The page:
While there are plenty of beautiful Italian cities to put on your Italy itinerary, Milan is definitely one you do not want to miss. Found in the north of Italy, Milan is both a trip in itself as well as a great jumping off point for a trip through the country. And though there are plenty of things to do in Milan, there is also a great deal to see surrounding the city making for a number of wonderful day trips.
With a spare day or two in your Milan itinerary, and this list as your guide, you’ll have no problem finding things to see in Italy outside of Milan, as well as one or two places beyond Italy’s borders. Here are some of the best day trips from Milan to get you started.
Note on How to Get Around
Although many of the day trips mentioned below can be done by public transport, for more flexibility and independence consider renting a car for the day. Your own 4 wheels allow you to be in control of your time and schedule, and depending on how many people are in your group, renting a car might work out even cheaper than using other forms of transportation. You can compare car rental deals and find the cheapest prices at Rentalcars.com.
Don’t want to drive or deal with the hassle of public transport? No worries, we have listed the best tour for each day trip (if available) for you below.
1. Lake Como
When it comes to Milan day trips, one of the most obvious and common is a journey to Lake Como. Located north of Milan, most visits to Lake Como start with the town of Como itself. Walking through the narrow town streets you’ll soon come to the elegant and inviting waterfront of Como. Walking in one direction you’ll come to the lovely gardens of Villa Olmo while the other way will take you to the Brunate funicular, at the top of which you’ll find a stunning panoramic terrace. Other towns along the shores of Lake Como not to be missed include Bellagio, Griante, and Varenna. Of course the best thing to do in Lake Como is to take a boat ride out on the beautiful blue waters of the lake.
Getting there: While it’s possible to reach the town of Como from Milan in 40 minutes by train, to really see more of Lake Como you’ll want to take a guided tour around the lake’s attractions.
One of the closest destinations to Milan in Lombardy is the small city of Bergamo. Not only is it easy to visit from Milan, but Bergamo also intrigues visitors thanks to its historic and modern districts which are divided by old Venetian walls. Begin your time here with the Duomo di Bergamo, and its equally impressive religious neighbors the Basilica di Santa Maria Maggiore and Cappella Colleoni. A short walk around the corner will take you into Piazza Vecchia, the heart of Bergamo. Be sure to climb up the Torre Civica bell tower which connects two majestic palaces and provides superb city views. Otherwise, Bergamo is the kind of place where it’s nice to wander cobblestone alleys and explore the medieval fortifications which run around the city.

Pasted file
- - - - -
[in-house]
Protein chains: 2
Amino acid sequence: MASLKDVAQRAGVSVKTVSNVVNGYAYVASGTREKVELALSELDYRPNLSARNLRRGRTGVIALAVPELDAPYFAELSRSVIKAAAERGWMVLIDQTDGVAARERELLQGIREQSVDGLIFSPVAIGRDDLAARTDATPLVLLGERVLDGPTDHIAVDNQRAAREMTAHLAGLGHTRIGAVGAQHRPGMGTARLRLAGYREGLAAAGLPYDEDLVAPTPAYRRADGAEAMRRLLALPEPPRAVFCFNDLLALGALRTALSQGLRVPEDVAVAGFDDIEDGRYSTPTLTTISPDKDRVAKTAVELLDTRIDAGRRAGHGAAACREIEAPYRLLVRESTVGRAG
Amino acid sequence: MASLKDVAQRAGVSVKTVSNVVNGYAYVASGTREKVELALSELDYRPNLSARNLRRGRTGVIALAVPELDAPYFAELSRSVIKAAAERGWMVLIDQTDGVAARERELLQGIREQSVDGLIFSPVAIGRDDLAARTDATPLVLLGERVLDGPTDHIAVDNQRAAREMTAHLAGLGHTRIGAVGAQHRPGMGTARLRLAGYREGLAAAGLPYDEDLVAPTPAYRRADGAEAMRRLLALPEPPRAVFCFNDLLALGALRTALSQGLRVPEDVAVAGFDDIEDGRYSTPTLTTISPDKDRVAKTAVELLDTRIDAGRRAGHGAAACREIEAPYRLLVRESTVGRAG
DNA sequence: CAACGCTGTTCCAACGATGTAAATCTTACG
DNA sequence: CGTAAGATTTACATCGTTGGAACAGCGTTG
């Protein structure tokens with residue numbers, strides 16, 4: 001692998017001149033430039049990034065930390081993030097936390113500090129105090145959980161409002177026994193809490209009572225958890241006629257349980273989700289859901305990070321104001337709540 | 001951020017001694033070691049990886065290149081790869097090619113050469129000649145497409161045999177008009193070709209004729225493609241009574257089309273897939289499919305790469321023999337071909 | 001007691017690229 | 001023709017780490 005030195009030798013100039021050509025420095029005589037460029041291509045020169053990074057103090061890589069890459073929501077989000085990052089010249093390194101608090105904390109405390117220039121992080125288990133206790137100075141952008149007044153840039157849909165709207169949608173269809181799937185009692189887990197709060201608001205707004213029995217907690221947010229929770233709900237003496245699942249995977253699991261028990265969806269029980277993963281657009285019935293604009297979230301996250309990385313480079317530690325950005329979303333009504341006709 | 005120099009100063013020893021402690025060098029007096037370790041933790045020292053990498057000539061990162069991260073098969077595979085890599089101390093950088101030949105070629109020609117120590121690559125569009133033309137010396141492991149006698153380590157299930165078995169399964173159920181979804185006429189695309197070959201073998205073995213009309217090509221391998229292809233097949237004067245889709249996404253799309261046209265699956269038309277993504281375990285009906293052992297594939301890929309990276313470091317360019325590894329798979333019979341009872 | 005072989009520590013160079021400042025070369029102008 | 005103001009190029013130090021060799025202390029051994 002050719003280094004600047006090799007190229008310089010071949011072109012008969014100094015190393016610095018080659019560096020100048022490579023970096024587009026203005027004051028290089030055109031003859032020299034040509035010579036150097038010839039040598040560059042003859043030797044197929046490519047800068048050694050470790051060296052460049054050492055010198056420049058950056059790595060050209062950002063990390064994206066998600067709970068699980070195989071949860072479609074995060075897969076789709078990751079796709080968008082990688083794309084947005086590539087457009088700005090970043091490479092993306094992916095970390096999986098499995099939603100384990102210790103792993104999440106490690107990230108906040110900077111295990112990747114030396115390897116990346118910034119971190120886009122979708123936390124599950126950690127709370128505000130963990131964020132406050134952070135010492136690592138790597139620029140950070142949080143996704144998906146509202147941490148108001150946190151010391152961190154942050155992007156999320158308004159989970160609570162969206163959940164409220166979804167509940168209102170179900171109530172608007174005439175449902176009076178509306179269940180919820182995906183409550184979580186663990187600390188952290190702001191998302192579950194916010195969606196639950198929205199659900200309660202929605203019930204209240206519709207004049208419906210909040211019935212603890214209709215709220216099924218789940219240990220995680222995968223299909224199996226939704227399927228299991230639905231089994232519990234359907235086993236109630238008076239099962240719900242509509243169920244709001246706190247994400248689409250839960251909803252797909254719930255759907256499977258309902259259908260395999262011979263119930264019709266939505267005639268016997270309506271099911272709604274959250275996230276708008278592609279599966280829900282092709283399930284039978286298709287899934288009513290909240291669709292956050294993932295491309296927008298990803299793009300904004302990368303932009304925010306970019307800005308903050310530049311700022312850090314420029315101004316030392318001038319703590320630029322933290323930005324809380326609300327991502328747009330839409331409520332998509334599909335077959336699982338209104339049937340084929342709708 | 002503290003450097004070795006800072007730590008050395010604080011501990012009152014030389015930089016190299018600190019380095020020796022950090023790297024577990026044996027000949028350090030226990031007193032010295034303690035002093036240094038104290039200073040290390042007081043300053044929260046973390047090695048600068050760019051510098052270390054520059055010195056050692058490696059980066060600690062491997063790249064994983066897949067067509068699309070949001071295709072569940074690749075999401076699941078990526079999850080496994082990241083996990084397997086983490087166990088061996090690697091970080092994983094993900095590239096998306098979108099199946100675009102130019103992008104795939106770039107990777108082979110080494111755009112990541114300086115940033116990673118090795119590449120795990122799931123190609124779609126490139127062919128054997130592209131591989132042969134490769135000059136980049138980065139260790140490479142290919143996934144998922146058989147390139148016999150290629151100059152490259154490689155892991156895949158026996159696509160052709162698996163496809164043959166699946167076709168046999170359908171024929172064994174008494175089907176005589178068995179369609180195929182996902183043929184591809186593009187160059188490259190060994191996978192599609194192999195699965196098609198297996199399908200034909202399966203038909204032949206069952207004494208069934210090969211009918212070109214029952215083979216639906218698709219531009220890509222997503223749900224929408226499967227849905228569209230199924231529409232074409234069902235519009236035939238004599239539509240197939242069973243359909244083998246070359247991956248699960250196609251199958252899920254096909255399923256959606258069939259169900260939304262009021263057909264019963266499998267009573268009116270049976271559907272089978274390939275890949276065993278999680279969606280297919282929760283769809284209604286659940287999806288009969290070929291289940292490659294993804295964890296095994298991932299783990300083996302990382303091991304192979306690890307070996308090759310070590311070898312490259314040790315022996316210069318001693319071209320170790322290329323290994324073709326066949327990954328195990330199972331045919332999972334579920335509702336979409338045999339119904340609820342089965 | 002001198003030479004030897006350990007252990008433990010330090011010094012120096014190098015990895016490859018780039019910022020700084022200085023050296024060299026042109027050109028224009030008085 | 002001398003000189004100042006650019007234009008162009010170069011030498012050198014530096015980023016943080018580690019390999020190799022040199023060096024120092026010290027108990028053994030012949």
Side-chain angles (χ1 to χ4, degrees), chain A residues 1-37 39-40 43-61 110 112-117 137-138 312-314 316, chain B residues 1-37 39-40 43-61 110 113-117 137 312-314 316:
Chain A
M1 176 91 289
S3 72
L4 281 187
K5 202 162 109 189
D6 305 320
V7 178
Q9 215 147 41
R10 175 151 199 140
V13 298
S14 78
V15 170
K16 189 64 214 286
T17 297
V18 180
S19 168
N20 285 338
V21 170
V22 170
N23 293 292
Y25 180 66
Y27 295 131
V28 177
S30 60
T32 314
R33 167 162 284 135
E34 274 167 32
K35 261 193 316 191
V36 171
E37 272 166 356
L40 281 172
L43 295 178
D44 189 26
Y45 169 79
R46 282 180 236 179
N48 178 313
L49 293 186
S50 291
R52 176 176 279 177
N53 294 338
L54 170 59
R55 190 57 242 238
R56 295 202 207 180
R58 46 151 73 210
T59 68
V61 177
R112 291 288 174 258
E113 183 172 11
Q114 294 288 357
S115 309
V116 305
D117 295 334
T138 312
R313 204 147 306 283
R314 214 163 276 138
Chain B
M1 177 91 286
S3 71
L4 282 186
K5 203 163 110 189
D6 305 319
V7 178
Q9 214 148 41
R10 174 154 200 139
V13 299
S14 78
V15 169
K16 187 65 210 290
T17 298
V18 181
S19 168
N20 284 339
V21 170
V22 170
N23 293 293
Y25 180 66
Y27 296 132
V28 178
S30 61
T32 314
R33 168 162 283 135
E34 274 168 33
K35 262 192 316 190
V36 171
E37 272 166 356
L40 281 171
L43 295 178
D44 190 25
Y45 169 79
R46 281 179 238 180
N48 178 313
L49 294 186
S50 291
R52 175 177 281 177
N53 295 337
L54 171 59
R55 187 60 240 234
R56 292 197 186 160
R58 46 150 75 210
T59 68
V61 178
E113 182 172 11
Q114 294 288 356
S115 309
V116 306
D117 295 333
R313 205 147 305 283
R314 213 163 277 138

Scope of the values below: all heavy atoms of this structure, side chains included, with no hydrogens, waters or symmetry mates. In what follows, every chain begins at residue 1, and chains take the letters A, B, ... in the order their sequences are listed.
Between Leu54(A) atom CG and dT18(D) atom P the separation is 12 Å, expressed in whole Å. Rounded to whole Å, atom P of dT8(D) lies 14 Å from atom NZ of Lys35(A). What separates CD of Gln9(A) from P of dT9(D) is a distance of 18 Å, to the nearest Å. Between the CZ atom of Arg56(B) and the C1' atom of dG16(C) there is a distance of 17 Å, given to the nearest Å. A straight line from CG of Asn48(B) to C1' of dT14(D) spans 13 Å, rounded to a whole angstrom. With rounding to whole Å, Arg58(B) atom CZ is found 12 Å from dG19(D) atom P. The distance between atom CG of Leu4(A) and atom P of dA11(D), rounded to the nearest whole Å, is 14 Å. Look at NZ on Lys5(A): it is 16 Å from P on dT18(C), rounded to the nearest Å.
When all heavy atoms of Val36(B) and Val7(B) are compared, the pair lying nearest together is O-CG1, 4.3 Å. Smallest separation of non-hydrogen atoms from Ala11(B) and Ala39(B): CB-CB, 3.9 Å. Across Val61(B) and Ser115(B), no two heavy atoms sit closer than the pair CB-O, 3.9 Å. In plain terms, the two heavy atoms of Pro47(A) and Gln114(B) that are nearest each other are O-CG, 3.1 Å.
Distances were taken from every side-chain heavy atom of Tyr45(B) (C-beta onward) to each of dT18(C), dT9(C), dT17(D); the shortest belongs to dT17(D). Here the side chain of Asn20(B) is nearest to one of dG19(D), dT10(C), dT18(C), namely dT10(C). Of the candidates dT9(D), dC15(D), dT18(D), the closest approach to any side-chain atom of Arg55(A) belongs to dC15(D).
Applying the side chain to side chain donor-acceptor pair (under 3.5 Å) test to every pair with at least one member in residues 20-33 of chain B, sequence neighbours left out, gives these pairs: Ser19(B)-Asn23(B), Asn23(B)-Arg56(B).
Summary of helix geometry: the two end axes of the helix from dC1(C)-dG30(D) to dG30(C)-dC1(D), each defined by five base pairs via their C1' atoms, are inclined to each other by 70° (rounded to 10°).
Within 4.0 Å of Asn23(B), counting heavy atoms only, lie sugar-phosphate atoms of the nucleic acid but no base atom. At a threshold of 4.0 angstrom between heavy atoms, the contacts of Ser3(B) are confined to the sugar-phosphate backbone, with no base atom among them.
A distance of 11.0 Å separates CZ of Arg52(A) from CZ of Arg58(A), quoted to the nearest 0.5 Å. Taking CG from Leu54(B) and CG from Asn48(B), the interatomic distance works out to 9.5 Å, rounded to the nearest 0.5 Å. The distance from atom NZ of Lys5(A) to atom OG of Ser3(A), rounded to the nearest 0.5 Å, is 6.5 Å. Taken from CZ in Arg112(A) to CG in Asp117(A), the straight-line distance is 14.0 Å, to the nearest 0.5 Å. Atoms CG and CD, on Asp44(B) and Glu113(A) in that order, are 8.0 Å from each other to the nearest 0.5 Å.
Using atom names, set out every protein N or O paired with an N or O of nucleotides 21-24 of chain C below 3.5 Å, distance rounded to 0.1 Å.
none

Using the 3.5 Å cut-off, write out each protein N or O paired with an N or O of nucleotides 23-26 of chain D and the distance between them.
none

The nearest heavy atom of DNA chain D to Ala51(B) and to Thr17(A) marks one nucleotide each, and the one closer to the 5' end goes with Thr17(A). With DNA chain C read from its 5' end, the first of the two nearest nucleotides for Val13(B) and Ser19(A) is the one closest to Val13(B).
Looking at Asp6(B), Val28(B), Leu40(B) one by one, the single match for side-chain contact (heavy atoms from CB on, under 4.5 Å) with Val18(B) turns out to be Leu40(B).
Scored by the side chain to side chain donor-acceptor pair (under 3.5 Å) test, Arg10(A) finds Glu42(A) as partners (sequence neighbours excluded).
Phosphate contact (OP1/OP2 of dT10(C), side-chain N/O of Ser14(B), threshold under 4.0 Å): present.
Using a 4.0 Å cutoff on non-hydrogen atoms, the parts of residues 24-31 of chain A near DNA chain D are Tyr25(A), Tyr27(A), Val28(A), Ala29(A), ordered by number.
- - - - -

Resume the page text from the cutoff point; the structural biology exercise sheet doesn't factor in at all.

Getting there: Just a short trip from Milan, Bergamo is only a 50 minute train ride from the city, with hourly connections. Another way to get to Bergamo is on a day tour from Milan.
A fascinating city to visit in northern Italy and also one of the easy train trips from Milan is Bologna. Your ideal starting point there is in the atmospheric central square of Piazza Maggiore, many important landmarks such as the Fountain of Neptune and Palazzo Re Enzo are found there. Spend a moment to also visit the Basilica di San Petronio and see the view from its rooftop. Next, walk through Bologna’s trademark portico arcades along Via Rizzoli to the gorgeous Palazzo della Mercanzia and the medieval Two Towers which have become symbols of Bologna. The oldest Western university in the world also lies in Bologna, with one of the most important buildings being the Archiginnasio of Bologna.
Getting there: The simplest way to reach Bologna from Milan is to take the hourly train between the cities which takes an hour.
Simply one of the best places to visit in Italy, the city of Florence is best seen over several days, but in a pinch can be visited in one. This Renaissance city is loaded with culture and history, and the Piazza del Duomo is a great place to see that. The artwork inside both the Cathedral and Baptistery on the square is inspiring, as are the superb views of Florence from the top of the Duomo and Campanile bell tower. Taking a meandering wander through the city, your next stop is the gallery of statues in the Loggia dei Lanzi and Palazzo Vecchio on Piazza della Signoria, another important city square. If you have time, be sure to see the world-class art inside the Uffizi or the Galleria dell’Accademia di Firenze art gallery. A short walk brings you to the Arno river and its signature picture postcard Ponte Vecchio bridge.
Getting there: Reaching Florence from Milan is quite straightforward by train, with the trip taking 1 hour 40 minutes. Trains depart every hour.